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Week 6 : Merle’s Rum und Roti (Trinidad)

This week in Berlin the weather has taken a turn for the Arctic so for a change we ditched the random element of restaurant selection as we fancied a bit of sunshine and spice. We found a Trinidadian restaurant in Mehringdamm called Merle’s Rum & Roti which fitted the bill with good reviews and cheap prices.

The restaurant was brightly painted, simple and welcoming and we were greeted by the lovely proprietress Merle wearing her signature hibuscus flower in her hair and a smile warm enough to counter the subzero temperatures outside. On the tables were place mats explained some of the history of Trinidad and how this has influenced the cuisine which is a mixture of Caribbean, South American, Creole and Indian.

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The menu is very simple, four starters and a small selection of meat, vegetable and fruit stews and curries served with either a dhalpourie (split pea roti) or a paratha (layered plain roti). We ordered starters of fish cakes and potato somosas followed by beef stew and chicken curry.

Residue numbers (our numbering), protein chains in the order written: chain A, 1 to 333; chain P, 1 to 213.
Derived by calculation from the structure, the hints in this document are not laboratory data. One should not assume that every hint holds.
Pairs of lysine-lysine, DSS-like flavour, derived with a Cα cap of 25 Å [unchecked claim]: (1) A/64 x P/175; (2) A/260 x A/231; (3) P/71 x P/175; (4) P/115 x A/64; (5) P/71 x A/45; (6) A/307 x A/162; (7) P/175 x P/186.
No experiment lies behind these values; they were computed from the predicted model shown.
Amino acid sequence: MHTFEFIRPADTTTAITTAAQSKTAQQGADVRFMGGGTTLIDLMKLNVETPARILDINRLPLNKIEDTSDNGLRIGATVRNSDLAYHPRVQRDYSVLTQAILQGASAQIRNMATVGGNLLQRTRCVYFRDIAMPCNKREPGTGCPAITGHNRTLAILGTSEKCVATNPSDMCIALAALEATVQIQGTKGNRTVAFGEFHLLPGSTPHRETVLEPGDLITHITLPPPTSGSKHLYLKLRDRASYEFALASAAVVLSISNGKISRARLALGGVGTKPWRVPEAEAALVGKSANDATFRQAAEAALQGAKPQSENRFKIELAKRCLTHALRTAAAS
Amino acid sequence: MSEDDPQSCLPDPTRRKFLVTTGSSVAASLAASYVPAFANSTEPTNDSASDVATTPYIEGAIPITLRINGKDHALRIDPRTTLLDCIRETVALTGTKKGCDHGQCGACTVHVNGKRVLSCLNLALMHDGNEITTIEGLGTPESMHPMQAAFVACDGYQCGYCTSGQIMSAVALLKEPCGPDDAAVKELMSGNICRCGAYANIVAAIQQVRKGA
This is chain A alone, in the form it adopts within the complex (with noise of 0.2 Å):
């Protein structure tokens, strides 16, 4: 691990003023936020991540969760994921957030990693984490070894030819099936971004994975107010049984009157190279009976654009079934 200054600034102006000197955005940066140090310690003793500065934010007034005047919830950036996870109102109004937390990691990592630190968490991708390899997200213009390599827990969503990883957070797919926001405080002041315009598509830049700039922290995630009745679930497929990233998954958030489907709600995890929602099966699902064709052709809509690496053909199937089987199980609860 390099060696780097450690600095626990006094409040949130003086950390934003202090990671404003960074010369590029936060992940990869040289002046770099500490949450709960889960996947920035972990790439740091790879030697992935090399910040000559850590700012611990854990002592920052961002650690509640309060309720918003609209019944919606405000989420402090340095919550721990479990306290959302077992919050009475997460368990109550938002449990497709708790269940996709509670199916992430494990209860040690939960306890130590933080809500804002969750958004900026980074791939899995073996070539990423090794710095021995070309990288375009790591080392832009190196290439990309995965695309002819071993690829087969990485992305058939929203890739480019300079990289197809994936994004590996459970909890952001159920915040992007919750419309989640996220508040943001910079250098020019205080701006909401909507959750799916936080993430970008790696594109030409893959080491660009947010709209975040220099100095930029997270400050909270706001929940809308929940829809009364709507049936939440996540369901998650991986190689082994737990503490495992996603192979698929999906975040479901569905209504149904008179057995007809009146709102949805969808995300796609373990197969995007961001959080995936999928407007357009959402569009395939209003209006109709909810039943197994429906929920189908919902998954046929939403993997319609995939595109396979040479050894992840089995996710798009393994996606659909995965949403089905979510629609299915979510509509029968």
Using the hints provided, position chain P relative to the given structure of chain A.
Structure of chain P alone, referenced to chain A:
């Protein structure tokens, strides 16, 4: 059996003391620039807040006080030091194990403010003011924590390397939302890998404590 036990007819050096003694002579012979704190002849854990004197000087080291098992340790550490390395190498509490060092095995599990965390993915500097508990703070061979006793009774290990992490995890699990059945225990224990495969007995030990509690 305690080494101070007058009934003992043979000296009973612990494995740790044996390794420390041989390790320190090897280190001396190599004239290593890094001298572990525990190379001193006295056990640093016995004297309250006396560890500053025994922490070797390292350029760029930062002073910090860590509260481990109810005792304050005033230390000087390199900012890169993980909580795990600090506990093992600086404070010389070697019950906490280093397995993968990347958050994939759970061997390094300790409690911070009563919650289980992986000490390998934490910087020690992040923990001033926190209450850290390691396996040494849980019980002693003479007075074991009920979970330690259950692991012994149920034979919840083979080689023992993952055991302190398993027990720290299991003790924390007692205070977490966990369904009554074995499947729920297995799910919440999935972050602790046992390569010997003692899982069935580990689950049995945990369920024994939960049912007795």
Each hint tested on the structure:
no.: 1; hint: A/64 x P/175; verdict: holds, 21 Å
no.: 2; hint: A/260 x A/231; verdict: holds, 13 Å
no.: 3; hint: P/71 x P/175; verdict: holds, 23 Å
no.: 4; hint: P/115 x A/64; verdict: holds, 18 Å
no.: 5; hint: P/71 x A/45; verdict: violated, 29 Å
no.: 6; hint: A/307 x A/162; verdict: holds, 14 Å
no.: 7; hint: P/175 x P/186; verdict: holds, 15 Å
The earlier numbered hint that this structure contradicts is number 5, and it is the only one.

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Everything we ate was really fresh and tasty with interesting and aromatic spicing. The starters came with homemade chilli and mango dips. We asked for extra sauces with the mains and got a super hot habanero dip and another sticky brown sauce that tasted sweet and woody and unlike anything I’ve ever tried before. The chicken curry was good but the beef was the star as it was rich and melt in the mouth. The spicing level was medium but intricate and the addition of the hot sauce allowed you to pimp your spice. Also worth mentioning is the delicious homemade refreshing ginger beer which you can have with or without rum. The service was friendly and considerate and we were happy with the sub 40 euro bill. Another successful discovery.